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Flintshire Churches Survey

Church of St Michael , Caerwys

Caerwys Church is in the Diocese of St Asaph, in the community of Caerwys in the county of Flintshire. It is located at Ordnance Survey national grid reference SJ1273872860.
The church is recorded in the CPAT Historic Environment Record as number 15838 and this number should be quoted in all correspondence.

Caerwys Church, CPAT copyright photo 2388-11.JPG

Summary

St Michael's church occupies an off-centre location in the medieval planned settlement of Caerwys, a little over 5 miles to the east of St Asaph. It has a late 13thC tower and nave to which a chancel and a north aisle were later added. The building contains a 13thC effigy, broken sepulchral slabs of 14thC date, and a range of wooden furnishings of 17thC date. The church is sited in large level churchyard with two lychgates, one originally dating to 15thC.

The tower is said to have been constructed in the late 13thC and raised probably in 1687 and again raised (or repaired) in 1769. Ellis Davies, however, thought that there had been considerable alterations to the tower in the late 15thC or early 16thC. The west end of the south nave is also thought to be from this period, though the surviving window is 14thC. Subsequently, the chancel was added to the nave and this, too, has a 14thC window though it is possibly re-set. The north aisle is perhaps an even later addition, but in its present Perpendicular form it could be a reconstruction; the east wall of the tower exhibits an earlier roofline to the north aisle but this could be a relatively modern modification, a result of a reduction in roof height. RCAHMW, however, argued that it was the south nave that was the addition, while Thomas thought that the north aisle pre-dated the chancel extension.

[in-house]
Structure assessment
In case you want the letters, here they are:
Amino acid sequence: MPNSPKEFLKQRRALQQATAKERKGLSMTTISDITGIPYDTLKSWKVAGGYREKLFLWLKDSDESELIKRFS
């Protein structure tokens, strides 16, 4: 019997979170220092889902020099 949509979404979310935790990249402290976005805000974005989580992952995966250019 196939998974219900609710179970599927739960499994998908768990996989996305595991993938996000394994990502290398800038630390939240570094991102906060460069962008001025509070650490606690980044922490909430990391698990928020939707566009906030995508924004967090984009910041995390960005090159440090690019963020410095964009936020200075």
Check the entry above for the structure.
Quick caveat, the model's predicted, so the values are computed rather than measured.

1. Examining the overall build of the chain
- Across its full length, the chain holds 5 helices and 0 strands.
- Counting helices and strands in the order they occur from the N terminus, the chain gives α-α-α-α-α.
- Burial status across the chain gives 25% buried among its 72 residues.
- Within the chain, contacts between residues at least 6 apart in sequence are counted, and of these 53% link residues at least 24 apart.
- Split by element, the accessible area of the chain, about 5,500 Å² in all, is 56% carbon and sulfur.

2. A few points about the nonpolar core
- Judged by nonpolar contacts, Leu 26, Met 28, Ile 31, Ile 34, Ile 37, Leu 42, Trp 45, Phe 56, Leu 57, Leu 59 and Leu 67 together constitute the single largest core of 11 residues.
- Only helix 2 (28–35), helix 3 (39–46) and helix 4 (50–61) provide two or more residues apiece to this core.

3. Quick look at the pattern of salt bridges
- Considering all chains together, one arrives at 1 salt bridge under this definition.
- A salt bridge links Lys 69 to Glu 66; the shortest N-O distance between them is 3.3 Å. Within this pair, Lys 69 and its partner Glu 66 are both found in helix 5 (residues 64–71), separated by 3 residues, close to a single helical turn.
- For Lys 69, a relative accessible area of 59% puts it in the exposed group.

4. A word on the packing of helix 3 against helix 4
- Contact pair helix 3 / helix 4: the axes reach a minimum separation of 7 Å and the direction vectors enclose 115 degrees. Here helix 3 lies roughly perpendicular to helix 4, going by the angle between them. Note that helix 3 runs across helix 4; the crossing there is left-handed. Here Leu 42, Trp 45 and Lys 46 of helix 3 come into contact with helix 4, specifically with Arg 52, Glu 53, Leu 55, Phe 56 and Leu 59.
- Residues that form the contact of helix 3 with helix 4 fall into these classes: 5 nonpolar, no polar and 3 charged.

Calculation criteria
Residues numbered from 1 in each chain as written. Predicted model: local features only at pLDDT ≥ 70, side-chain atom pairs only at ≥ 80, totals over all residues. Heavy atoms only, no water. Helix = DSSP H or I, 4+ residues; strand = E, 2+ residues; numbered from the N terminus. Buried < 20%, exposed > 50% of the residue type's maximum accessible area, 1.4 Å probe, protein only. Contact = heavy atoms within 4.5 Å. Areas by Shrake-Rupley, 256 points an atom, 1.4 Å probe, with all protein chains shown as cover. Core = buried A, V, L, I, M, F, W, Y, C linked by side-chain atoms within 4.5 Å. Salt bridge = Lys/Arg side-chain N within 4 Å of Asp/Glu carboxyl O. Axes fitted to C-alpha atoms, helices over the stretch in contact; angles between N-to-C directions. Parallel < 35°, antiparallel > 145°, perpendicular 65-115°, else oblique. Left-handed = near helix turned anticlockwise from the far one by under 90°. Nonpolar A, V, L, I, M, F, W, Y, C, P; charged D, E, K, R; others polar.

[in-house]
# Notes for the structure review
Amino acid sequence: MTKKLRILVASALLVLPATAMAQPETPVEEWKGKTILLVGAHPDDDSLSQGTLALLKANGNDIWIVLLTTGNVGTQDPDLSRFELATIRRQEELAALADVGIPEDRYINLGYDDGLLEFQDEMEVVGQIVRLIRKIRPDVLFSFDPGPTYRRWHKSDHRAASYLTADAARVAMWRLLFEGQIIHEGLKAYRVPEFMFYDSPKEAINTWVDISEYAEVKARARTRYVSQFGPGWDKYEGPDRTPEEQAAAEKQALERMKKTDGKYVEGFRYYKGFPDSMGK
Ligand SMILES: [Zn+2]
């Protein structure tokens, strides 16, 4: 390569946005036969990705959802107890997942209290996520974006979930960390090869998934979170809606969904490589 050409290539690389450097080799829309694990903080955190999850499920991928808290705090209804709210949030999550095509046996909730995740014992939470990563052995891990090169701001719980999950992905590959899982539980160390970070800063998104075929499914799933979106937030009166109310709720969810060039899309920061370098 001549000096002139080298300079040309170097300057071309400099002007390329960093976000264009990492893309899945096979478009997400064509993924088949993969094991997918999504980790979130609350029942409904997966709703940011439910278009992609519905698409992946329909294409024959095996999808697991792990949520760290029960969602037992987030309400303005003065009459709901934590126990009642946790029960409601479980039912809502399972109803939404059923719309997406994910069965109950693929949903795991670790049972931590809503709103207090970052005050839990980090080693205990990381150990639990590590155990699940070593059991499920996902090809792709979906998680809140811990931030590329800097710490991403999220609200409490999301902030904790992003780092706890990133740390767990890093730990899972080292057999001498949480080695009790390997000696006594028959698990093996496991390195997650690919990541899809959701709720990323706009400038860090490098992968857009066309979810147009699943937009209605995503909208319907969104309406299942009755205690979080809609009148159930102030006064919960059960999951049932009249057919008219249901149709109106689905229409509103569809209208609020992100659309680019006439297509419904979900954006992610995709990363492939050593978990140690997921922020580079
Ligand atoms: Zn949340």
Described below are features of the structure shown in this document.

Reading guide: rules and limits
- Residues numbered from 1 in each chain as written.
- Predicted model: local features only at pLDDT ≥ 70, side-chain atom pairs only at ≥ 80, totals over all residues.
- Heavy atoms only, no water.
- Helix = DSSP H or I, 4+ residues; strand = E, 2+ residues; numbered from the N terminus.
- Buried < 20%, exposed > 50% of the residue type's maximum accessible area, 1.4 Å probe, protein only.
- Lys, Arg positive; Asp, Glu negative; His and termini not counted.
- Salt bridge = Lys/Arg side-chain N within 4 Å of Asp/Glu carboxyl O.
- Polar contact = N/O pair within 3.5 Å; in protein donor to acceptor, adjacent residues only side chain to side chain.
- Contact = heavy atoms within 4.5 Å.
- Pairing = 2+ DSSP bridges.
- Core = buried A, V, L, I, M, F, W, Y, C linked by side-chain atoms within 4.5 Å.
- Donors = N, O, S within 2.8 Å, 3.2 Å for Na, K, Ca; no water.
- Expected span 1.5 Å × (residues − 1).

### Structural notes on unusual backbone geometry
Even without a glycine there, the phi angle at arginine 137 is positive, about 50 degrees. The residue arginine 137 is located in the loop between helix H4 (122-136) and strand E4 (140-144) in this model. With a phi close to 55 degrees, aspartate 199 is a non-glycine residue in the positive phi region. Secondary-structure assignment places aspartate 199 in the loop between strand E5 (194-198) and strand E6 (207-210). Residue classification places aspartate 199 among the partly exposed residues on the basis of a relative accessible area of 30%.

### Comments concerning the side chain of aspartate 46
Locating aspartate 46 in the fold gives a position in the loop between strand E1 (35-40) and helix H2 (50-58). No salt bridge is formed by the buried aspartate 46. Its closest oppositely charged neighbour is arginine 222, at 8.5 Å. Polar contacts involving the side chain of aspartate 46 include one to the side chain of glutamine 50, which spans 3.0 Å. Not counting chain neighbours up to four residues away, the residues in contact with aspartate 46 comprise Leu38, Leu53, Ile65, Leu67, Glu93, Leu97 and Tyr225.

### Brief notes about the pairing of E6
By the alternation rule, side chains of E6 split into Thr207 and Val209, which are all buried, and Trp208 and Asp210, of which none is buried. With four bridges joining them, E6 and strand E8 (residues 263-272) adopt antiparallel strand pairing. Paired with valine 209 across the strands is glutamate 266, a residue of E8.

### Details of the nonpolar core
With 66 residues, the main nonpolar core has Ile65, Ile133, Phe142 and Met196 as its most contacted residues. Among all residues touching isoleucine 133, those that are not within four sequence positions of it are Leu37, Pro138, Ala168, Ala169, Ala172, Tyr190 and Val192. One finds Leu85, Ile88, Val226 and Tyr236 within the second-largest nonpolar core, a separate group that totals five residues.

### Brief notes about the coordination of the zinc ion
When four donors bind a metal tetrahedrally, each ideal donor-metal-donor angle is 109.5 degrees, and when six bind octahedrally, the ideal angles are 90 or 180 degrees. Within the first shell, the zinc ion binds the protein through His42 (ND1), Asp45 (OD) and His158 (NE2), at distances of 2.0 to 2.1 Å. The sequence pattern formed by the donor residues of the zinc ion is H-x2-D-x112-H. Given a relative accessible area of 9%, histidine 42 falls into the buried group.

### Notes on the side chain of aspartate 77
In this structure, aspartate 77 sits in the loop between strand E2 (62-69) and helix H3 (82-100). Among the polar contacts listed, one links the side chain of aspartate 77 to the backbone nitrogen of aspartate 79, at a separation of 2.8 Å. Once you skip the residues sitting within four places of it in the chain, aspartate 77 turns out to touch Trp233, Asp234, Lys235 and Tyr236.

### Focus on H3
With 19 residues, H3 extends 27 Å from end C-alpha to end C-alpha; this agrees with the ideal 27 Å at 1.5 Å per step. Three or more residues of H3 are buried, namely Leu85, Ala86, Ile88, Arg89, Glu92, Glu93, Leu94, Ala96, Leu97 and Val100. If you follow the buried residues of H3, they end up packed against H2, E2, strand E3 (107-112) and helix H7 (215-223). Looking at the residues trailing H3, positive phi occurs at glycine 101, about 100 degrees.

Together these elements give a pseudo-double-naved structure, but not quite because the chancel has an inset south wall and there is a chancel arch.

West porch from 1904.

Parts of the following description are quoted from the 1986 publication The Buildings of Wales: Clwyd by Edward Hubbard

History